Shipper Preferences Suggest Strong Mistrust of Rail: Results from Stated Preference Carrier Choice Survey for Quebec City-Windsor Corridor in Canada

Document Type

Journal Article

Publication Date


Subject Area

infrastructure - vehicle, mode - rail


Windsor (Canada), Vehicle exhaust, Trucking, Truck transportation, Stated preferences, Shippers, Regulatory policy, Railroad transportation, Rail transportation, Quebec City (Canada), Quebec (Canada), Pollutants, Policy, Policies, Motor truck transportation, Mode share, Modal split, Modal shift, Greenhouse gases, Government policy, Freight transportation, Exhaust gases, Exhaust emissions, Emissions, Carrier selection, Automobile exhaust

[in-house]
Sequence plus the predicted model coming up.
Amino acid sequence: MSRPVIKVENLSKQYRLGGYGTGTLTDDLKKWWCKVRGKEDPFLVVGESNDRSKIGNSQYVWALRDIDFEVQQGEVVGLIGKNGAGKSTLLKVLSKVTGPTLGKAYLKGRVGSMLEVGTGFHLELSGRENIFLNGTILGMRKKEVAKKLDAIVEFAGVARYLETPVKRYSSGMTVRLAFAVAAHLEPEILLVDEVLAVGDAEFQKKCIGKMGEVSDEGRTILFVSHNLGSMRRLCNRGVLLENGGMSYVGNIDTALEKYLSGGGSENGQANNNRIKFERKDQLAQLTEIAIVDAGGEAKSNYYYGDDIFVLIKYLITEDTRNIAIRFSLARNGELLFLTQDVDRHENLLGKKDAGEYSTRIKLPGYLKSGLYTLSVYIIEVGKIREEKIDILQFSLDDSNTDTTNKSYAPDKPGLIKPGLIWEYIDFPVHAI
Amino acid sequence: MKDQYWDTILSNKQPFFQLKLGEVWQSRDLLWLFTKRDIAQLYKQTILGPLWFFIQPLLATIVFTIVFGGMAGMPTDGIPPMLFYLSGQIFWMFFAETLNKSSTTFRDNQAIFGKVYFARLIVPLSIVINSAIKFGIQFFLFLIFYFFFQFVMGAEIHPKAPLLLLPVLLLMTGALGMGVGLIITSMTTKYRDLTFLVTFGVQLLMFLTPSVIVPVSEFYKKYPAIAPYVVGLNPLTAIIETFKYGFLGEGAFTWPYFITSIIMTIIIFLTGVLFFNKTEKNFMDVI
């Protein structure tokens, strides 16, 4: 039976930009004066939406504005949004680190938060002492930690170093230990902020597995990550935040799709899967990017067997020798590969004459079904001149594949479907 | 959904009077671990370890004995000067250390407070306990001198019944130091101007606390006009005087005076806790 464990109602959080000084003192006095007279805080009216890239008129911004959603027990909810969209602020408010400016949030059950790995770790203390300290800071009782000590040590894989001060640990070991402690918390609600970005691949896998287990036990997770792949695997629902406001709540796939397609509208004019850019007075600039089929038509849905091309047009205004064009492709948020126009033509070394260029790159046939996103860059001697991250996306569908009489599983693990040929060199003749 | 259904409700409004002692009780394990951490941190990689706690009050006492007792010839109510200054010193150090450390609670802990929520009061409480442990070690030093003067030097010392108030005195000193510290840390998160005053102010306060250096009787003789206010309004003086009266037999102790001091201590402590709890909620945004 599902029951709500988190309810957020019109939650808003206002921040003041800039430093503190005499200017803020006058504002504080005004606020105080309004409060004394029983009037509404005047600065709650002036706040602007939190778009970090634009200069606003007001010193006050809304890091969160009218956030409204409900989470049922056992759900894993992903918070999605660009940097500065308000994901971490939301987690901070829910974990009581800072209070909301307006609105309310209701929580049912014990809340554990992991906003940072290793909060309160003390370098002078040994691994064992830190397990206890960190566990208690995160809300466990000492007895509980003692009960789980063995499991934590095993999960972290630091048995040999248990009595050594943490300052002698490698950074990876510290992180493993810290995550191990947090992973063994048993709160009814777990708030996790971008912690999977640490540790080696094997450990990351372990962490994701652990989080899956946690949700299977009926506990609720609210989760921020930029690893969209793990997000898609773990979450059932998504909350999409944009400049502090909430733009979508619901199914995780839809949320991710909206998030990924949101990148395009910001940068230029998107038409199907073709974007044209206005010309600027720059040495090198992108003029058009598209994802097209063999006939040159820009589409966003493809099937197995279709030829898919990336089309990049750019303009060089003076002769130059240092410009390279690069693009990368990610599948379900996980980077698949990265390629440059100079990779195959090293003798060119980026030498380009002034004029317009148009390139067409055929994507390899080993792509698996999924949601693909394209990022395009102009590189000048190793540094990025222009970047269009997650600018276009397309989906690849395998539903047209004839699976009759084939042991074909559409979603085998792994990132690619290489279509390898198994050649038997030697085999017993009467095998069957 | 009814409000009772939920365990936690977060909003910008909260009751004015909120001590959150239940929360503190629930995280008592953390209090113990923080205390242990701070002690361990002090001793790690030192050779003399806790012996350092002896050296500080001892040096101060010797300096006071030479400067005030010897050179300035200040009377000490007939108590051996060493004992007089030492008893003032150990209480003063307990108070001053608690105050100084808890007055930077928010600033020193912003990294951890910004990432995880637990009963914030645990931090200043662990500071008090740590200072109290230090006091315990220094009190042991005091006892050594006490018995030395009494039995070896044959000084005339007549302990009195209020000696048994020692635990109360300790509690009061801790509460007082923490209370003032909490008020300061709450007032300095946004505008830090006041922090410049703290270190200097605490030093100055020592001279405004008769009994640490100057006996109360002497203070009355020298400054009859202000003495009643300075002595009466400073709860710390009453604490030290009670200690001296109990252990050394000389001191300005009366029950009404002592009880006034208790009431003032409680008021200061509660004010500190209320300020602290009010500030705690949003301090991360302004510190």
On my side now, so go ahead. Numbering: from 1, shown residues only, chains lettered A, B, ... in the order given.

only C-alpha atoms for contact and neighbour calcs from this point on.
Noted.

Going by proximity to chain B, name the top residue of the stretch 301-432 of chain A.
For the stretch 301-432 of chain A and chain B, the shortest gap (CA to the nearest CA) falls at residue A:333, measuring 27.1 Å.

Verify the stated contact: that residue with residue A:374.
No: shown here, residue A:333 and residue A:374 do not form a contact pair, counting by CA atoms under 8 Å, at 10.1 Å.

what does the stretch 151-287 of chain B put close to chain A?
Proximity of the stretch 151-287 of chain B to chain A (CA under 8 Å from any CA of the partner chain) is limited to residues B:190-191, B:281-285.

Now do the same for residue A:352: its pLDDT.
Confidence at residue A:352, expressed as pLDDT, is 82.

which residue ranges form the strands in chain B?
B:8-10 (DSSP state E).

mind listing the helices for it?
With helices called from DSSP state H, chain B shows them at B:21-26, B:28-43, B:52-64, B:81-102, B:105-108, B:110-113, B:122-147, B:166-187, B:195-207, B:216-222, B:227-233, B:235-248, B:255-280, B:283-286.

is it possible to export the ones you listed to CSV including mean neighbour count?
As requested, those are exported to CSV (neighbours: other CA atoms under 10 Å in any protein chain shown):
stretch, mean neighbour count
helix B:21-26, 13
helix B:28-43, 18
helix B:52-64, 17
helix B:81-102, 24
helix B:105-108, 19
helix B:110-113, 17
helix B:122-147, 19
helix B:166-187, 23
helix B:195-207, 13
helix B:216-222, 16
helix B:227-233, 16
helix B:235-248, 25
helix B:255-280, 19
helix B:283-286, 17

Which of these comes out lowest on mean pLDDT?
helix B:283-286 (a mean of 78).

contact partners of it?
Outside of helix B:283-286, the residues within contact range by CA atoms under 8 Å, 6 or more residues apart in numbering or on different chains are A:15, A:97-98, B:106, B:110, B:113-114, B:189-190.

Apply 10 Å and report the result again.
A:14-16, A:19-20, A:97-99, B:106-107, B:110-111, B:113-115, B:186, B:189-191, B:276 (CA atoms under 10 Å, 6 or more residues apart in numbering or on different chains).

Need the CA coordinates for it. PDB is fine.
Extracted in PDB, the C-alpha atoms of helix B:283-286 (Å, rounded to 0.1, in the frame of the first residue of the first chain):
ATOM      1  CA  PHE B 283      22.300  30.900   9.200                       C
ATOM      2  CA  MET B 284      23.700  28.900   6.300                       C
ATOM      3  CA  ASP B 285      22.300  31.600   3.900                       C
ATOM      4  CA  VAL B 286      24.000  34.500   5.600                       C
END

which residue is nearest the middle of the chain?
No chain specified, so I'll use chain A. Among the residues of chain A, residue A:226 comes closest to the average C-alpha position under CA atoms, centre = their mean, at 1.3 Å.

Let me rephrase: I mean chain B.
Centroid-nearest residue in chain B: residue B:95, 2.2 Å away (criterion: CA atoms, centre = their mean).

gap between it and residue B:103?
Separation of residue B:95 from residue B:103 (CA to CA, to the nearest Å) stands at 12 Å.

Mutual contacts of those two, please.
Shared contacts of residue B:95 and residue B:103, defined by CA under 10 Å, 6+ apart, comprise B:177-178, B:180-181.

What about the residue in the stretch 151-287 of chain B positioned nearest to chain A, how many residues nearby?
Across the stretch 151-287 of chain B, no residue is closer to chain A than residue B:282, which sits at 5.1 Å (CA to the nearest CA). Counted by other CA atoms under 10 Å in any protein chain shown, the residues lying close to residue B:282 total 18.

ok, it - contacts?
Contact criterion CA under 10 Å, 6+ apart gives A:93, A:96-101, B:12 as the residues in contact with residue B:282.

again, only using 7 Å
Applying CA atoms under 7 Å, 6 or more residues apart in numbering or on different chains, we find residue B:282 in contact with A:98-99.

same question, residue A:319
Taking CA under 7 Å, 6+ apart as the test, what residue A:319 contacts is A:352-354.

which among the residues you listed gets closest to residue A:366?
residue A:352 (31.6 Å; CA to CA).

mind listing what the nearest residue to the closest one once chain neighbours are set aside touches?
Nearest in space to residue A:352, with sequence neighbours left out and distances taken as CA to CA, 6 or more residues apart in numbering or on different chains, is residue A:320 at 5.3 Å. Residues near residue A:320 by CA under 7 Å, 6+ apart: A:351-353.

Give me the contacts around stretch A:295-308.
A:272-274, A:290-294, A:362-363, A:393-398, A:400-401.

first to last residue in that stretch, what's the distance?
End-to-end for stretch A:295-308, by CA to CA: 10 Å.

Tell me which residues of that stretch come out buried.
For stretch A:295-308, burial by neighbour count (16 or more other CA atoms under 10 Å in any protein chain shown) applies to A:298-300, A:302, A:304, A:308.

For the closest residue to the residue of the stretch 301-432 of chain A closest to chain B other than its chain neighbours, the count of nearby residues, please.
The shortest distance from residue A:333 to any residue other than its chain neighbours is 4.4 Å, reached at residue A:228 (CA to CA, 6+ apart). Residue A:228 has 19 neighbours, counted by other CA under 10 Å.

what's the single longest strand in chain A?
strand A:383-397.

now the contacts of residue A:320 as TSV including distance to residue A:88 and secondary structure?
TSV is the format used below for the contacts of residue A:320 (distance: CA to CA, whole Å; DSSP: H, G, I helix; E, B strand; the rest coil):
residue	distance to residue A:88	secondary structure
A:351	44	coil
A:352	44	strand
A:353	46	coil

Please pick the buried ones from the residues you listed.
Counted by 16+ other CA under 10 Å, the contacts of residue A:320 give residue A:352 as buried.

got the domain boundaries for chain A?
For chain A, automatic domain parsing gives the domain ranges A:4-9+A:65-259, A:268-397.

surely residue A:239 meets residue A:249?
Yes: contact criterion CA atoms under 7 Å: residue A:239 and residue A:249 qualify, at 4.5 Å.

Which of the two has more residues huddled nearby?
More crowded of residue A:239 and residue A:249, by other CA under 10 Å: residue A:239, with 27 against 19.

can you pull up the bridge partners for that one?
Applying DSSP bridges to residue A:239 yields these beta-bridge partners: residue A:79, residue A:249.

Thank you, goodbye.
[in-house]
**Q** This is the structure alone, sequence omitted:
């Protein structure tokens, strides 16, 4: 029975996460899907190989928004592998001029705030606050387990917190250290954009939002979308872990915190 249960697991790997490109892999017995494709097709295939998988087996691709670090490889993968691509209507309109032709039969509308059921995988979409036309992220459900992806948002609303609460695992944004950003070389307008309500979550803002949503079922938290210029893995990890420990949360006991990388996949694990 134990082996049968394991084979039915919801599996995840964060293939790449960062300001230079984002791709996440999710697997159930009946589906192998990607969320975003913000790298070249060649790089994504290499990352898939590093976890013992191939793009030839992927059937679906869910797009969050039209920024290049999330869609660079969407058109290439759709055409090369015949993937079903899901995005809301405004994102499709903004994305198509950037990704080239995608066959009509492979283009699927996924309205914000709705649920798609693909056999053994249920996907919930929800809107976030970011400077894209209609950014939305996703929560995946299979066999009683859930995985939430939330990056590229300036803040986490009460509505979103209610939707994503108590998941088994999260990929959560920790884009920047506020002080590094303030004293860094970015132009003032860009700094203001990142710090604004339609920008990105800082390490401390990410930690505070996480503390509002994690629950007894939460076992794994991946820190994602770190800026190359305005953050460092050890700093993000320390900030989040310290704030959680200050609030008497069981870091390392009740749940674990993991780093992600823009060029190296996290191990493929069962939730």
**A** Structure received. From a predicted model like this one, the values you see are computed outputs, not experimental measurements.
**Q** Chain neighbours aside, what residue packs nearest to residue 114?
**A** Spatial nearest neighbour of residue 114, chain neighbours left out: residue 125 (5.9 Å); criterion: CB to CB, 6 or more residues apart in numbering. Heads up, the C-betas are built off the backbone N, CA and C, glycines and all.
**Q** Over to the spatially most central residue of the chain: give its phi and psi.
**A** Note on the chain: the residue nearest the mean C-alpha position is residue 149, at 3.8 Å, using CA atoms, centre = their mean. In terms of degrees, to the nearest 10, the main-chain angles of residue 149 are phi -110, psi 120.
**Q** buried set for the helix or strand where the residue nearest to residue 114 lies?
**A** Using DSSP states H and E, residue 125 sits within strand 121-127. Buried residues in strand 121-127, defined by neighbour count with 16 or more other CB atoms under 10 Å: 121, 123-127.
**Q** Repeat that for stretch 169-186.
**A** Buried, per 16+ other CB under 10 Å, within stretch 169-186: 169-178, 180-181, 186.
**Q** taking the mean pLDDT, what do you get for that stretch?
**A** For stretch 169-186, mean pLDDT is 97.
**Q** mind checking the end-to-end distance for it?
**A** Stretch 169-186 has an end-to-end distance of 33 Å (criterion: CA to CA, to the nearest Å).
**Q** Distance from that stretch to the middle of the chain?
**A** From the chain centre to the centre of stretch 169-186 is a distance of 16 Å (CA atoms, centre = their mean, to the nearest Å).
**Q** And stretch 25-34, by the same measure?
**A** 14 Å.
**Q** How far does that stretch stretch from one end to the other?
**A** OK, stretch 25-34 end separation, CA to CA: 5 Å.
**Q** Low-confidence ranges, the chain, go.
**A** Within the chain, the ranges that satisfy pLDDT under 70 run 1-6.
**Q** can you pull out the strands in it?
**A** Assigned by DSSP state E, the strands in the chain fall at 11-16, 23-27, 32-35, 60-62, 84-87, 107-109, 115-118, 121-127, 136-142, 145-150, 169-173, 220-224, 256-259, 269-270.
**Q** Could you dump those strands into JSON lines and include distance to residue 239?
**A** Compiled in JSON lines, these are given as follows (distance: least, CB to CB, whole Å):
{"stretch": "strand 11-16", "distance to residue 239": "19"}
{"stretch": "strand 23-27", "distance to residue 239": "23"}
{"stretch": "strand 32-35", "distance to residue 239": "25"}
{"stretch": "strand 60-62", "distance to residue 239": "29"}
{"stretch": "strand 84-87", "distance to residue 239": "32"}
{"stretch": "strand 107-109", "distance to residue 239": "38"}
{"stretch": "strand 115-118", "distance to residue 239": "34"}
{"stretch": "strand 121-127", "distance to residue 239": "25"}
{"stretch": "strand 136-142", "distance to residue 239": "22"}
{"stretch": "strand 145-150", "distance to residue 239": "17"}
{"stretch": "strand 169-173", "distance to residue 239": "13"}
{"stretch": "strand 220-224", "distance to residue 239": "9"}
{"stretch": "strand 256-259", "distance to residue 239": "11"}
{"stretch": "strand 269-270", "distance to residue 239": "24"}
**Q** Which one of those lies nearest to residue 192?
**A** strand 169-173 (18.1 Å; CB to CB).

The Quebec City–Windsor corridor is the busiest and most important trade and transportation corridor in Canada. The transportation sector is the second-largest contributor to greenhouse gas emissions in the country. Governments around the world, including Canada’s, are considering increasing mode share by rail as a way of reducing transportation emissions. To understand whether freight mode shift is a realistic means of reducing transportation emissions, an analytical model is needed that can predict the effect of government policy on mode split. This paper presents the findings of the first such model developed for the Quebec City–Windsor Corridor. The model itself is a stated preference carrier choice model of shippers in this busy route. The model was developed by using the results of a stated preference survey undertaken in fall 2005. The survey was designed explicitly to evaluate shipper preferences for the carriage of intercity consignments, particularly their preferences for carriers that contract the services of rail companies to carry these shipments via rail. The results of the study (a) show that shippers are mistrustful of using rail to move their consignments and (b) suggest that increasing rail’s share of freight transport faces tremendous challenges.